6th International Conference on Gas Hydrates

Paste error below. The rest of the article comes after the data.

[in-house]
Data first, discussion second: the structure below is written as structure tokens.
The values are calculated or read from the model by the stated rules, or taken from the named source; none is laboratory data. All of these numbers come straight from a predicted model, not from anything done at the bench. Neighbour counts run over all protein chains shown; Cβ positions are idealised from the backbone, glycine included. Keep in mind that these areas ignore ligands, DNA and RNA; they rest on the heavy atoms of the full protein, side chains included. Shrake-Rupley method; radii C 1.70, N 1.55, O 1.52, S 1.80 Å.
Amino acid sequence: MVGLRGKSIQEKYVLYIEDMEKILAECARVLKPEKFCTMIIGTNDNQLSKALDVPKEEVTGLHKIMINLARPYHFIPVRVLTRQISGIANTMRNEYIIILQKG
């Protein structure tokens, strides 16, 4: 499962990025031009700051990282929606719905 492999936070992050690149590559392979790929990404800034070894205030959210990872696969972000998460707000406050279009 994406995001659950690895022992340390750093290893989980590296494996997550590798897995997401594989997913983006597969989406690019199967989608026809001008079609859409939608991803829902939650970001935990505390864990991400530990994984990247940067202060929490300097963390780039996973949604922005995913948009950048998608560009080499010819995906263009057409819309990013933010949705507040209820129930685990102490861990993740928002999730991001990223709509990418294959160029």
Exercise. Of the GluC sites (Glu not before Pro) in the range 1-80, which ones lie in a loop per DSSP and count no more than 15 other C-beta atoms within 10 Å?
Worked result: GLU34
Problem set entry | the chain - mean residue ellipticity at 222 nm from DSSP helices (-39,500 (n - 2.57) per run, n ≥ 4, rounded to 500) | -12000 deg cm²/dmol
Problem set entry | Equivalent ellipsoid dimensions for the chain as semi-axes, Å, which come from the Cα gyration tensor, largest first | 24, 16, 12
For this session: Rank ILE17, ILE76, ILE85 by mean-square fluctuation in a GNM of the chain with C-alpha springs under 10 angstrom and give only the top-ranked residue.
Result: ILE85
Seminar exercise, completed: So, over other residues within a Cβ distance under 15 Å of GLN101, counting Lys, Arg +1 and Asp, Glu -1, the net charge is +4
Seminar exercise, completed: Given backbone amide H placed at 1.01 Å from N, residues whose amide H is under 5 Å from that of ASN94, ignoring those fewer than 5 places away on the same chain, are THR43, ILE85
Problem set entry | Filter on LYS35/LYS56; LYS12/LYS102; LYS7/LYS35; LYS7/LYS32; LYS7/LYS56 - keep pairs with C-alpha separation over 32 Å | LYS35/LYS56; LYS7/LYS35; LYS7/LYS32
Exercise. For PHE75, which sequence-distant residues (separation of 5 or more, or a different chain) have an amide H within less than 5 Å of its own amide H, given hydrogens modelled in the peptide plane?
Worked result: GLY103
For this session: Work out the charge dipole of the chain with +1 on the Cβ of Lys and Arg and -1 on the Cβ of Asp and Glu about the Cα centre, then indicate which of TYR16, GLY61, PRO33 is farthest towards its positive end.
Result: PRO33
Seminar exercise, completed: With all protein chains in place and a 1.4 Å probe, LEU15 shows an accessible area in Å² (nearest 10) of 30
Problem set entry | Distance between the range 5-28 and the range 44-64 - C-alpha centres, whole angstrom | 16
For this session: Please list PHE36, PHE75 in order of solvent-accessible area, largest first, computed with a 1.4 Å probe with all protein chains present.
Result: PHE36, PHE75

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3-D TRAVEL TIME TOMOGRAPHY INVERSION FOR GAS HYDRATE DISTRIBUTION FROM OCEAN BOTTOM SEISMOMETER DATA Mykhail M. Zykov, N. Ross Chapman and G. D. Spence School of Earth and Ocean Sciences University of Victoria 3800 Finnerty Rd, Victoria, BC, V8W 3P6 CANADA ABSTRACT This paper presents results of a seismic tomography experiment carried out at the Bullseye cold vent site offshore Vancouver Island. In the experiment, a seismic air gun survey was recorded on an array of five ocean bottom seismometers (OBS) deployed around the vent. The locations of the shots and the OBSs were determined to high accuracy by an inversion based on the shot travel times. A three-dimensional tomographic inversion was then carried out to determine the velocity structure around the vent, using the localized source and receiver positions. The inversion indicates a relatively uniform velocity field around and inside the vent. The velocities are close to the values expected for sediments containing no hydrate, which supports previous claims that the bulk concentrations of gas hydrates are low at the site. However, the largest resolved velocity anomalies of + 25 m/s are spatially within the limits of the acoustic blank zone seen in multichannel seismic data near the Bullseye vent. The velocity inversion is consistent with zones of high concentration (15-20 % of the pore space) in the top 50-100 m of sediment. Keywords: gas hydrates, ocean bottom seismometers, cold vent, seismic tomography   Corresponding author: Phone: +1 250 472 4340 Fax +1 250 472 4620 E-mail: chapman@uvic.ca INTRODUCTION This paper presents results from a seismic study using Ocean Bottom Seismometers (OBS) carried out at the Bullseye vent site located on the accretionary margin of the northern Cascadia subduction zone offshore Vancouver Island, Canada. The major objective was to develop a 3-D velocity model around the Bullseye vent zone by means of travel time inversion tomography in order to determine the distribution and quantity of hydrates.  The area has received close attention after seismic data showed acoustic blanking features [1,2], and the recovery of massive hydrate from the vent site. The site was the target of numerous multi-  and single-channel [3-5] seismic surveys and various other experiments including piston coring, electromagnetic studies, and scientific drilling (Ocean Drilling Program (ODP) Leg 146 in 1993 and Integrated Ocean Drilling Program (IODP) Expedition 311) [6,7].  The blank zones in the vicinity of the Bullseye vent (blank zone 1) are shown in Figure 1.  The OBS data set consisted of 22 parallel seismic survey lines at 200 m spacing with three perpendicular crossing lines, recorded on five OBS stations. The OBS experimental geometry required corrections for the coordinates of sources and receivers initially obtained in the field. A new comprehensive source and receiver localization technique was developed for the case of stationary hydrophones and multiple seismic lines [8].  The inversion for the experimental geometry was done in a separate travel time inversion. A simulation study was carried out first to determine the resolution of the OBS array, using two possible models for the hydrate distribution in the vent zone.  The inversion results for the experimental data indicate a uniform velocity field around and inside the vent zone. Velocities are Proceedings of the 6th International Conference on Gas Hydrates (ICGH 2008), Vancouver, British Columbia, CANADA, July 6-10, 2008. approximately equal to values expected for sediments containing no hydrate, which supports the hypothesis that the bulk concentrations of gas hydrates are low at the site. The largest velocity anomaly, with velocity increase of +25 m/s, is spatially associated with the limits of the blank zone. The anomaly suggests greater hydrate concentrations inside the vent zone than outside. Low vertical resolution of the model limited the information on the detailed structure of the depth distribution of the hydrate. However, the results are consistent with a zone (or perhaps multiple zones) of high hydrate concentration (15–20% of the pore space) associated with a hydrate lens, located at the top of the sediment section. Figure 1.  Acoustic blanking from high resolution seismic survey with the high resolution DTAGS array (Gettrust et al. [9]). The paper is organized as follows.  The OBS experiment is described in the next section.  The travel time inversion method is then outlined, and the inversion results are presented and discussed. OBS TOMOGRAPHY EXPERIMENT Local lithological structure The location of the experiment is shown in Figure 2.  In the upper 300 m of the sediment section two distinct lithological units can be identified at the site using the 2-D and 3-D seismic data [3,4]. The first unit is characterized by slope sediments which display well-defined parallel bedding. It can be correlated with Unit I at the ODP 889 drill site [6]. The second unit with almost complete loss of coherency of the seismic signal can be attributed to the Unit III at the drill site. The lower unit represents accreted sediments which are more consolidated, but highly fractured compared to the undisturbed sediments of the upper unit [6]. The upper boundary of the accreted sediment complex is highly variable in terms of its depth below the seafloor. It is possible to outline three small well expressed ridge structures within the limits of the modelled area [3.4] (Figure 2). The slope sediments were deposited on top of the accreted sediments. The bedding of the unit is undisturbed and almost parallel at the top of the section. The thickness of the unit mostly depends on the configuration of the surface of the accreted sediment complex, rather than bathymetry. The thickness is greatest for the area associated with the depression between the two accreted sediment ridges and may reach 300 m. The thickness of the slope sediments unit can be as small as 50 m in the northern corner of the modelled area. Figure 2.  Locations of the five OBS (open circles) relative to the bathymetry and the ODP 146 drill sites.  The box indicates the limits of the inversion area.  The Bullseye vent is the light-shaded region near the centre of the OBS array, and the hatched areas represent buried ridges of accreted sediment. Seismic survey The seismic data were obtained during the COAMS-99 cruise that took place from July 26 until August 11 of 1999 [3].  Five OBS were deployed in the vicinity of the Bullseye vent site as indicated in Figure 2.  The OBS array formed a square with sides 1.4 km and one at the centre. The seismic sound source was a single 40 in 3 (0.655 l) air gun that used a wave-shape kit.  The air gun depth was ~2 m, and it was triggered to fire every 19 m along the survey lines. The OBS array recorded 22 10-km lines spaced at 100 m spacing from a pseudo 3-D survey at the site, and three cross lines as shown in Figure 3. Single channel normal incidence seismic data were also recorded along the same survey tracks, and these data were used with the OBS data in the inversion. The OBSs were obtained from the Dalhousie Seismic Group, Dalhousie University.  The seismometer sensing system consisted of one pressure sensor (hydrophone) and a 3-component geophone package. The analog signals from the four sensors were filtered using an anti-alias filter with corner frequency of 200 Hz, and then were digitized with 1.433 ms sampling interval (698.8 Hz) and 16-bit dynamic range. The active operational period with the system parameters used was limited by the storage capacity to approximately 2.5 days.  Only the hydrophone data were used in the inversion. The recorded seismic data were tied to an absolute timescale using a precise clock with an expected time drift rate less than 1 ms per day. However, the actual average drift for the internal timing systems was up to 10 ms per day, and the clock drift rates for stations A and F were not steady. Inversion of experimental geometry The source-receiver geometry was first refined from the nominal estimates from the survey using a regularized linear inversion based on travel times of the direct path arrivals at the OBS array [10,11]. A special procedure that assumed linear drift segments was developed so that information from the two sensors with faulty clocks could be included in the inversion [8].  The RMS (root mean square) change of shot positions in the inversion was ~ 6.7 m, and the mismatch of OBS depths was less than 0.1 %.  The inverted geometry was used to define the shot and OBS positions in the tomographic velocity inversion. 3-D TOMOGRAPHIC INVERSION Inversion method The Jive3D tomographic inversion code was applied [12,13].  Jive3D uses a linearized iterative approach for the travel time inversion that allows combined inversion of refractions and reflections. The inversion is implemented in a layer-interface formalism.  The cell size of a gridded model of the sub-bottom structure is allowed to vary from layer to layer, which provides flexibility in choosing the number of cells required for simulating different layers. The final model that provides a satisfactory fit to the data is obtained through a series of refinements of a starting model. Figure 3.  Survey track lines that were recorded by the OBS array. Jive3D produces a minimum-structure model that fits the given travel time data to a required accuracy using the simplest model possible for given input parameters. The desired simplicity of the model (amount of structure) is controlled by a smoothing factor, which is a trade-off parameter between the accuracy of fitting of the input data and the smoothness of the generated model. The model that was constructed for this inversion consisted of 5 layers and 5 interfaces. The top layer (or, strictly speaking, half-space) represented the water column, and the top interface simulated the sea bottom. The bottom of the model or the deepest interface represented the Bottom Simulating Reflector (BSR). There was no possibility to model any deeper layers, as there were no continuous deeper reflectors in the data throughout the modelled area. Travel time data The travel times of rays were obtained using single channel seismic data (normal incidence) and data recorded by OBSs.  The following events were chosen; the events are described in terms of two way travel time relative to the seafloor reflection for the single channel data near OBS B): Event 1: 90 ms Event 2: 180 ms Event 3: 235 ms Event 4: 280 ms (BSR) Event #3 was not traceable in the vicinity of the OBS C, because the layered structure of the slope sediments is strongly disturbed there and the accreted sediments package lies closer to the sea surface. All other events were observed (although sometimes weakly) in all seismic sections on both single channel and OBS data. The chosen events were traced from one survey line to another using the cross lines. The events for picking on the seismic data recorded by OBSs were identified with the help of the single channel seismic data, as indicated in Figure 4. The seismic sections were aligned along the same shot trace (with the minimum offset for the OBS) such that the seafloor reflection for the normal incidence data coincided with the direct water wave arrival on the OBS section, and then compared. In general, the uncertainty in the arrival time picks was different for each event, and for each type of data.  The uncertainties for each event (in ms) listed in Table 1. Event OBS Single Channel 1 0.75 3.0 2 1.5 3.0 3 2.5 3.0 4 3.0 4.5 Table 1.  Uncertainties (in ms) for arrival time picks of the OBS and single channel data. Figure 4.  Example of the seismic sections aligned for picking.  The middle panel represents single channel normal incidence data, and the left and right panels are OBS B and F, respectively.  Time is two-way travel time. Inversion model The modelled area is 3 km x 2.7 km with OBS B at approximately the centre (Figure 5). The vertical span of the model is from -1220 m (the highest seafloor point) to -1620 m (the lowest point of the BSR). The thickness of the inverted portion varied according to the depth of the BSR below the seafloor and was about 220–240 m. The cell size for the interface grid was 50 m x 50 m and for the inverted velocity grids 50 m x 50 m x 20 m, so the horizontal dimensions of the model were 60 x 54 cells with about 20 cells in vertical direction. With the chosen cell size the vent zone (600 m x 400 m in horizontal dimensions) is represented by 12 x 8 cells. The starting model for the velocities was based on a simple velocity gradient in the sediment, assumed to be ~ 1 s -1  with a velocity of 1500 m/s at the sea floor.  There were no specific anomalies introduced in the profile. Inversion of synthetic data An inversion was carried out using synthetic data to investigate the resolution performance of the OBS array in resolving the distribution of hydrate in the vicinity of the cold vent.  Two probable models of hydrate distribution were selected, based on information of hydrate distribution from previous experiments. The first model, (A), assumed increased velocity uniformly within the whole volume of the vent zone. To model this situation, a positive velocity anomaly with a magnitude of 30 m/s was introduced to the background velocities within the vent zone over the whole vertical span of the modelled sediment section. Such a small value for the increase does not necessarily represent the actual velocity increase due to anomalous gas hydrate presence, but was chosen mainly to test the method sensitivity.  The other hypothesis (B) assumed a localized volume of sediments (15–20 m in thickness) with significantly higher P-wave velocities. This body was located close to the sea surface and did not extend deeper; that is, the velocity beneath it was the same as the velocities outside of the vent zone. This model is consistent with the hydrate cap model.  The two physical models are shown in Figure 6. Figure 5.  Gridded model of the Bullseye vent environment for the Jive3D inversion. The results of the inversion of the synthetic travel time data set are shown in the right panel of Figure 7. The test showed that the inversion was not able to localize a thin body velocity anomaly near the seafloor (model B). Instead, it spread the region of the increased velocity vertically. Most likely this is the result of the sparse OBS geometry of the experiment. The results for the two different physical models are almost undistinguishable from each other. However, the anomaly tends to decrease with depth for the thin body case, while for the uniform anomaly the increase of the velocity reaches the same level for all depths in the resulting velocity field. From the model A results, the limits of the anomaly are not so well determined and the true anomalous velocity (+30 m/s) was not fully recovered by the inversion (only +20 m/s). This can be explained by the need to use a large smoothness factor in the inversion. This parameter acts as a trade off between higher resolution and reliability in the inversion results. For the sparse OBS geometry in this experiment, a large smoothness factor is required. Otherwise, false anomalies due to noise in the data may appear in the poorly constrained areas. Figure 6.  Physical models of hydrate distribution. Figure 7.  The velocity models (left panels) and the recovered velocity profiles (right panels). The results of the inversion with synthetic experimental data can be summarized as follows: – The final velocity models inverted for the two different physical models of a thin anomalous body and an anomaly with a uniform vertical extent are almost indistinguishable from each other in the case of small anomalous velocities. – The horizontal limits of small amplitude anomalies cannot be accurately determined but are smoothed over distances of 1 to 2 cell sizes. – The maximum anomalous velocity increase tends to be underestimated. Inversion of experimental data The results for the inversion at the Bullseye vent are presented in vertical and horizontal slices from the 3-D velocity model.  Examination is focused on the central regions which are better constrained by the data.  The vertical slices, as shown in Figure 8 (N/S slices) and Figure 9 (E/W slices), reveal small positive anomalies that are in good spatial agreement with the limits of the blank zones.  Although the increase does not exceed +25 m/s, the results indicate that the sediments within the blank zones have higher velocities than those outside.  The negative velocity gradients seen in the peripheral regions of the slices are believed to be artifacts due to insufficient ray coverage at the extremities of the grid. Figure 8.  Vertical slices in N/S direction (bottom panel shows the slice through OBS E, B and F). Figure 9. Vertical slices in W/E direction (middle panel shows the slice through OBS A, B and C). The average vertical velocity profile for the central part of the model is shown in Figure 10. Sea floor velocities are about 1500–1520 m/s, with a uniform increase of 1 s -1  to the BSR, reaching values of 1700–1750 m/s immediately above. The spatial variations of the velocities are also displayed in slices at constant depth below the sea floor.  Figure 11 shows the horizontal distribution of the upper portion of the sediment section at a depth of 50 m.  The small positive velocity anomalies correspond well with the bounds of the blank zones. Model uncertainties The direct quality assessment of the inversion results involves calculation of the uncertainty value for each model parameter. The uncertainty analysis package for Jive3D estimates uncertainties based on: (i) the estimated travel- time uncertainties of the input data, and (ii) the correlations introduced between neighbouring parameters as a result of the smoothing regularization [12]. The inclusion of the smoothing regularization into uncertainty analysis biases the uncertainty estimates, and makes them smaller by assuming that the true model actually has the same amount of smoothness as was introduced by the smoothness regularization term in the inversion. The values produced by uncertainty analysis represent one standard deviation in the Gaussian model. Figure 10.  Velocity versus depth profiles for the final model (thick line).  Results from the VSP (circles) and sonic log (thin line) from the ODP 889 site are shown for comparison [6]. Figure 11.  Final velocity distribution for the slice at 50 m below sea floor.  The black dashed lines outline the limits of blank zones. The spatial distribution of calculated uncertainties of the model are shown in Figure 12 for the depth of 50 m below the seafloor. As expected, the central part of the model is better resolved than its flanks. From similar slices in the vertical, the smallest values for the uncertainties are located in the planes going through lines of three OBSs. The N–S direction (along the depression) is better resolved than W–E (across the depression). The minimum uncertainty value for the velocity achieved for the model was as low as 20 m/s. Figure 12.  Uncertainty values for the final model for a horizontal depth slice of 50 m below the sea floor. DISCUSSION OF INVERSION RESULTS Gas hydrate concentration The concentration of hydrate at different sites within the modeled area around the Bullseye cold vent was estimated by comparison of the inverted velocity profiles with a background, no-hydrate reference velocity profile [14]. Three sites were selected within the modeled area, and the velocity profiles extracted from the inversion are shown in Figure 13.  Profile A represents velocities at a local minimum, where the base of the gas hydrate stability zone (GHSZ) is above the surface of the accreted sediment complex. The position is approximately in the middle between OBS E and B. As can be seen, it follows the background profile for the slope sediments within a few m/s. This fact suggests virtually no presence of gas hydrates at the point. The velocity profile at this point can be used as a new background. Velocity profile B is taken at a point associated with a local maximum. At this point, the sediments within the modelled thickness are represented exclusively by slope sediments. The increase in the velocity compared to profile A is minor: 20 m/s at the seafloor increasing down the sediment section to 40 m/s at the BSR depth. If the change in the velocity is completely attributed to the change in gas hydrate presence, these numbers correspond to 5–6% of pore space occupied by hydrates (or 2–4% of the sediment volume). Figure 13.  Velocities from the tomography inversion compared with the background velocity [14].  Also shown are the sonic log data from ODP site 889B [6]. The results of the travel time tomography study argue in favour of no gas hydrates, or only a very small amount, present in the slope sediment unit. At the sampled points the section from the seafloor to the BSR is represented by slope sediments. The gas hydrates may be distributed evenly in the vertical direction or they can be localized in the thin layers of more porous sediments [15]. The layers may be as thin as several tens of centimetres, well below the resolution of the travel time tomography inversion. Profile C represents the velocity profile in part of the modeled area where accreted sediments enter the GHSZ.  This profile matches the averaged sonic velocity data for depths below 120 m.  The velocity increases of greater than 40 m/s translate to hydrate concentrations of 10–20% of the pore space (or 5–7% of the total sediment volume). Physical model of the vent zone A model that helps to explain most of the observations at the vent site was suggested by Riedel et al. [16]. The model assumes the presence of a hydrate lens at the top of the blank zone and thin layers of sediments containing gas hydrates in small concentrations.  The methane is delivered into localized hydrate formation areas through a network of thin channels in either a dissolved form or as a free gas. In addition, Z¨uhlsdorff and Spieß [17] suggested episodic focused fluid flow. The episodic nature of the phenomena is justified by the necessity to build up the pore fluid pressure high enough to push the fluids through the sediments from the BSR depth to the sea bottom. The hydrate cap that consists of either layers with high hydrate concentration or dispersed hydrate chunks and lenses is responsible for the pull up of the travel time for the seismic events inside the blank zone. The cap also acts as a diffractor.  For a cap thickness of about 30 m, the observed pull up of 5 ms will be achieved if the velocity in the affected sediments are 200 m/s more than the velocity in the adjacent sediments. Such an increase of the velocity translates into gas hydrate concentrations of about 15–17% of total sediment volume. However, the results of the travel time tomography inversion do not reveal any significant velocity anomaly associated with the blank zone.  Instead, the bulk velocity increase within the zone is low. If a high velocity zone is present at the top of the blanking feature, the rest of the vent zone is represented by sediments with a seismic velocity similar to that of the sediments outside. In addition to the diffractions associated with the hydrate cap near the sea floor, several other diffractions were observed in the OBS data [8]. The presence of the strong diffractions in close proximity to the BSR that are observed on the seismic sections recorded by OBS B suggests a physical condition similar to the one at the top of the vent. A structure like the hydrate cap can be in place at the BSR inside the limits of the blank zone. These hydrates were most likely formed by free gas entering the GHSZ from below. Overall, the results of the inversion are consistent with a physical model that consists of thin layers of hydrate located at specific depths within the stability zone.  It is worth noting also that the vertical axis of the blank zones passes through the intersection of the BSR and accreted sediment boundary beneath the younger slope sediments. The coincidence of these two boundaries may be the controlling factor for the blank zone location. The accreted sediments are more compacted than the slope sediments, and at the same time they are more permeable due to the presence of cracks. On the other hand, filling the cracks with gas hydrates can greatly reduce their permeability. That is, below the bottom of the GHSZ, accreted sediments are more permeable than slope sediments, but above this boundary the situation may reverse forcing the fluids to penetrate through the slope sediment section. Comparison with results from IODP 311 In October 2005, IODP Expedition 311 drilled at several holes at the Bullseye vent site [7].  The drilling revealed the presence of massive hydrate in thin sections localized to three depths: (i) between the sea floor and 46 m; (ii) at 160 m; and (iii) in an interval 10 m thick above the BSR. These findings support the structure of the blank zone and the distribution of gas hydrates with depth proposed in this study based on the velocity model from the tomographic inversion and analysis of the seismic data: a layer of several 10’s of metres thick at the top of the sediment section; no presence of hydrates in large concentrations below the layer to the BSR; and occurrence of gas hydrates just above the BSR. CONCLUSIONS The seismic data set recorded by five OBS stations was used in conjunction with conventional seismic data for the investigation of the structure of the Bullseye cold vent zone. A 3-D velocity model was obtained by means of travel time tomography inversion for the region around the vent. The model does not support the presence of large velocity anomalies. The anomaly associated with the vent zone was found to be in the range of +25 m/s, which suggests no anomalous high gas hydrate concentration inside the blank zone. Unfortunately, higher resolution (vertically) of more detailed velocity structure was not possible due to limitations of the experimental geometry. Nevertheless, a combination of the tomography results with available seismic and other information about the site suggests that a layer of high gas hydrate concentration (15% or more) is located at the top of the vent zone. The rest of the blank zone may contain local concentrations of hydrates in small amounts. The average velocity profile for the site starts with compressional velocities close to those in the sea water, and increases virtually linearly reaching about 1750 m/s at the BSR. The velocity profile does not reveal any significant variations from the background no-hydrate velocity profile for the slope sediments, which suggests that slope sediments outside the blank zone contain no or very little gas hydrate down to the BSR. ACKNOWLEDGEMENTS The authors thank Dr. Keith Louden, Dalhousie University, for his support with the ocean bottom seismometers. REFERENCES [1] Chapman, N.R., J.F. Gettrust, R. Walia, D. Hannay, G.D. Spence, W.T. Wood, R.D. Hyndman (2002). High-resolution, deep-towed, multichannel seismic survey of deep-sea gas hydrates off western canada. Geophysics, 67(4):1038–1047. [2] Wood, W.T., J.F. Gettrust, N.R. Chapman, G.D. Spence, and R.D. Hyndman (2002). Decreased stability of methane hydrates in marine sediments owing to phaseboundary roughness. Nature, 420(6916):656–660. [3] Hyndman, R.D., G.D. Spence, R. Chapman, M. Riedel, and R.N. Edwards (2001). Geophysical studies of marine gas hydrate in Northern Cascadia. In: Natural Gas Hydrates: Occurrence, Distribution, and Detection. G e o p h y s i c a l Monograph 124. AGU, 2001. [4] Riedel, M., G.D. Spence, N.R. Chapman, and R.D. Hyndman (2002). Seismic investigations of a vent field associated with gas hydrates, offshore Vancouver Island. Journal of Geophysical Research, 107(B9), EPM5, 1-16. [5] Spence, G.D., T.A. Minshull, and C.R. Fink (1995). Seismic studies of methane hydrate offshore Vancouver Island. In: B. Carson, G.M.Westbrook, R.J. Musgrave, and E. Suess (eds.), Proceedings of the Ocean Drilling Program, Scientific Results. College Station, TX (Ocean Drilling Program), 1995. [6] Westbrook, G.K., B. Carson, and Shipboard Scientific Party (1994). Summary of Cascadia drilling results. In: G.M. Westbrook, B. Carson, and R.J. Musgrave (eds.), Proceedings of the Ocean Drilling Program, Initial Reports, volume 146, pages 389–396. College Station, TX (Ocean Drilling Program), 1994. [7] Expedition 311 Scientists, 2006. Expedition 311 summary. In Riedel, M., Collett, T.S., Malone, M.J., and the Expedition 311 Scientists. Proc. IODP, 311: Washington, DC (Integrated Ocean Drilling Program Management International, Inc.). doi:10.2204/iodp.proc.311.101.2006 [8]  Zykov, M.M., 3-D travel time tomography of the gas hydrate area off shore Vancouver Island based on OBS data, PhD thesis, University of Victoria, Victoria, BC, 2005. [9] Gettrust, J.F., W.T. Wood, and S.E. Spychalski (2004). High-resolution MCS in deep water. The Leading Edge, 23(4):374–377. [10] Dosso, S.E. and B.J. Sotirin (1999). Optimal array element localization. J. Acoust. Soc. Am., 106(6):3445–3459. [11] Dosso, S.E. and N.E. Collison (2001). Regularized inversion for towed-array shape estimation. In: M. Taroudakis and G. Makrakis (eds.), Inverse Problems in Underwater Acoustics, chapter 6, pages 77–103. Springer-Verlag, 2001. [12] Hobro, J.W.D. (1999). Three-dimensional tomographic inversion of combined reflection and refraction seismic travel-times data. PhD thesis, University of Cambridge,1999. [13 ]  Hobro, J.W.D., S.C. Singh, and T. A. Minshull (2003). Three-dimensional tomographic inversion of combined reflection and refraction seismic traveltime data. Geophysical J. International, 152(1):79–93. [14] Yuan, T., R.D. Hyndman, G.D. Spence, and B. Desmos (1996). Seismic velocity increase and deep-sea gas hydrate concentration above a bottom-simulating reflector on the northern cascadia continental slope. Journal of Geophysical Research, 101 (B6):13,665–13,671. [15] Tr´ehu, A.M., P.E. Long, M.E. Torres, G. Bohrmann, F.R. Rack, T.S. Collett, D.S. Goldberg, A.V. Milkov, M. Riedel, P. Schultheiss, N.L. Bangs, S.R. Barr, W.S. Borowski, G.E. Claypool, M.E. Delwiche, G.R. Dickens, E. Gracia, G. Guerin, M. Holland, J.E. Johnson, Y.J. Lee, C.S. Liu, X. Su, B. Teichert, H. Tomaru, M. Vanneste, M. Watanabe, and J.L. Weinberger (2004). Three- dimensional distribution of gas hydrate beneath southern Hydrate Ridge: constraints from ODP Leg 204. Earth and Planetary Science Letters, 222(3-4):845–862. [16] Riedel, M., I. Novosel, G.D. Spence, R.D. Hyndman, R.N. Chapman, R.C. Solem, and T. Lewis (2006). Geophysical and geochemical signatures associted with gas hydrate related venting at the North Cascadia Margin. Geological Society of America Bulletin, 118(1-2):23–38. doi:10.1130/B25720.1. [17] Z¨uhlsdorff, L. and V. Spieß (2004). Three- dimensional seismic characterization of a venting site reveals compelling indications of natural hydraulic fracturing. Geology, 32(2):101–104.